by Laurie Marshall
While it is true I did not accept his proposal, that did not prove that I did not love him.
I was raised by an independent woman raised by an independent woman raised by a survivor of war and famine and things that may or may not have been true but which were definitely coursing through my veins when he asked why I did not want to be his wife.
“It’s not that I don’t care,” I lied to his face.
“Okay,” he accepted.
While it is true that I did not carry his child, that did not confirm his assumption that I was barren.
I was fueled by fear and loathing and memories of blood and bone and the whispers of women who were not careful with their words and the pictures in my mind were not worth one thousand words but one hundred words were enough.
“Just one more year,” I lied to his back.
“Okay,” he complied.
While it is true I did not want to grow old with him, that did not substantiate the rumors surrounding his death.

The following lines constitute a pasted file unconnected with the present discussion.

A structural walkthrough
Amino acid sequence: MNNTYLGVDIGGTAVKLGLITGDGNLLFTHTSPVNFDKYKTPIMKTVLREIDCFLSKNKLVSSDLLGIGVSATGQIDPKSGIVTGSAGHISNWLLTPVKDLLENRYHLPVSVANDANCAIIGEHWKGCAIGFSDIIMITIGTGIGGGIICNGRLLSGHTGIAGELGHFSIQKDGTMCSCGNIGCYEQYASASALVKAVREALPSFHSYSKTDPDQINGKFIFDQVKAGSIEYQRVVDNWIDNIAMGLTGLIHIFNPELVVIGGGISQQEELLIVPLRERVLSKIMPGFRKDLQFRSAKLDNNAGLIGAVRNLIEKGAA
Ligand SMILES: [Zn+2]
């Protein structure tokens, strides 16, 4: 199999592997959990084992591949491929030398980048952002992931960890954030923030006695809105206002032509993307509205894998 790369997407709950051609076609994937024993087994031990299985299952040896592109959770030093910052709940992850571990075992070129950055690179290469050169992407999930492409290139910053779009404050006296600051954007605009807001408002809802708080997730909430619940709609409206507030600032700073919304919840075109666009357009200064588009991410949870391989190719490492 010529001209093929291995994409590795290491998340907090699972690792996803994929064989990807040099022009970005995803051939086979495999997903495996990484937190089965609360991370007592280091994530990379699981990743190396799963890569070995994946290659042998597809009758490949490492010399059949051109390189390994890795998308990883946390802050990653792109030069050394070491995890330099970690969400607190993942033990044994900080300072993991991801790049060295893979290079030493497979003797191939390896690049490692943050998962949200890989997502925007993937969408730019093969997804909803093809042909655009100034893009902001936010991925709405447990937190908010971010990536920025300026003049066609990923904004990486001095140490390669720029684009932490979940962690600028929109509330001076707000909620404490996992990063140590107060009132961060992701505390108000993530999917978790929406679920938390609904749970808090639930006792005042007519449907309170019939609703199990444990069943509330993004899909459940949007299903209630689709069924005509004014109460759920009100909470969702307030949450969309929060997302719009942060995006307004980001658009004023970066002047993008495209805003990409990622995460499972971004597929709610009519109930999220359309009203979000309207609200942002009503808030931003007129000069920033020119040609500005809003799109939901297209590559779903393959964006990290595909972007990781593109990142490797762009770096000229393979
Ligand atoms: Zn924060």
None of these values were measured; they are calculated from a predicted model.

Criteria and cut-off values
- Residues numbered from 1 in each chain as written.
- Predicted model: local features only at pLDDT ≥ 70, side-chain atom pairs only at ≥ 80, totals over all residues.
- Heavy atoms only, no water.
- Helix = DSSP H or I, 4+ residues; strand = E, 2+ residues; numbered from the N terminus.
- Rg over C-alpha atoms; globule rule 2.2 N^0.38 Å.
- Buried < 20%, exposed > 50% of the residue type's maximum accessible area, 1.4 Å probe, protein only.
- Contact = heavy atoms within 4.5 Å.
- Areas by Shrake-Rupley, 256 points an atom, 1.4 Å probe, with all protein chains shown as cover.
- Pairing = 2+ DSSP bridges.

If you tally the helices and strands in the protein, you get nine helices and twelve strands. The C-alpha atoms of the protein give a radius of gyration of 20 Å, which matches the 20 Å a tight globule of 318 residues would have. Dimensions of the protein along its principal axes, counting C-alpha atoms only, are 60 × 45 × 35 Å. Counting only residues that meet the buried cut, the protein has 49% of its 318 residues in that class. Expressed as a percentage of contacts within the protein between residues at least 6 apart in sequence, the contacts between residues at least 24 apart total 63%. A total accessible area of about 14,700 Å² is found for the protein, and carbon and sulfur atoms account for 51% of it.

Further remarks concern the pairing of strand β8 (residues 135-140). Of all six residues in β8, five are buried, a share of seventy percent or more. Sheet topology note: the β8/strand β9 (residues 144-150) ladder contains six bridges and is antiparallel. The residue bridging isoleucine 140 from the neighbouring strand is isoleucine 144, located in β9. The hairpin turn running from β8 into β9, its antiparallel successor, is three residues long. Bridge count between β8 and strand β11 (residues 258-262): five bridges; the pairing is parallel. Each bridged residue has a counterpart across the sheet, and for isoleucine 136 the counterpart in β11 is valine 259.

I was aging and raging and forgetful of the words that enticed me to stay through the acceptances and compliance and finally the rejection and sullen tolerance and who’s to say he did not just pack his bags and leave.
“I didn’t mean for you to suffer,” I lied to his memory.
Or maybe that was true.
Laurie Marshall is a freelance writer and artist living in northwest Arkansas | Reader Fractured Literary | Words: Retreat West, ParagraphPlanet.com, JMWW, eMerge Magazine, Two Sisters Writing & Publishing | Art: From Whispers to Roars and Beyond Words Literary Magazine | @LaurieMMarshall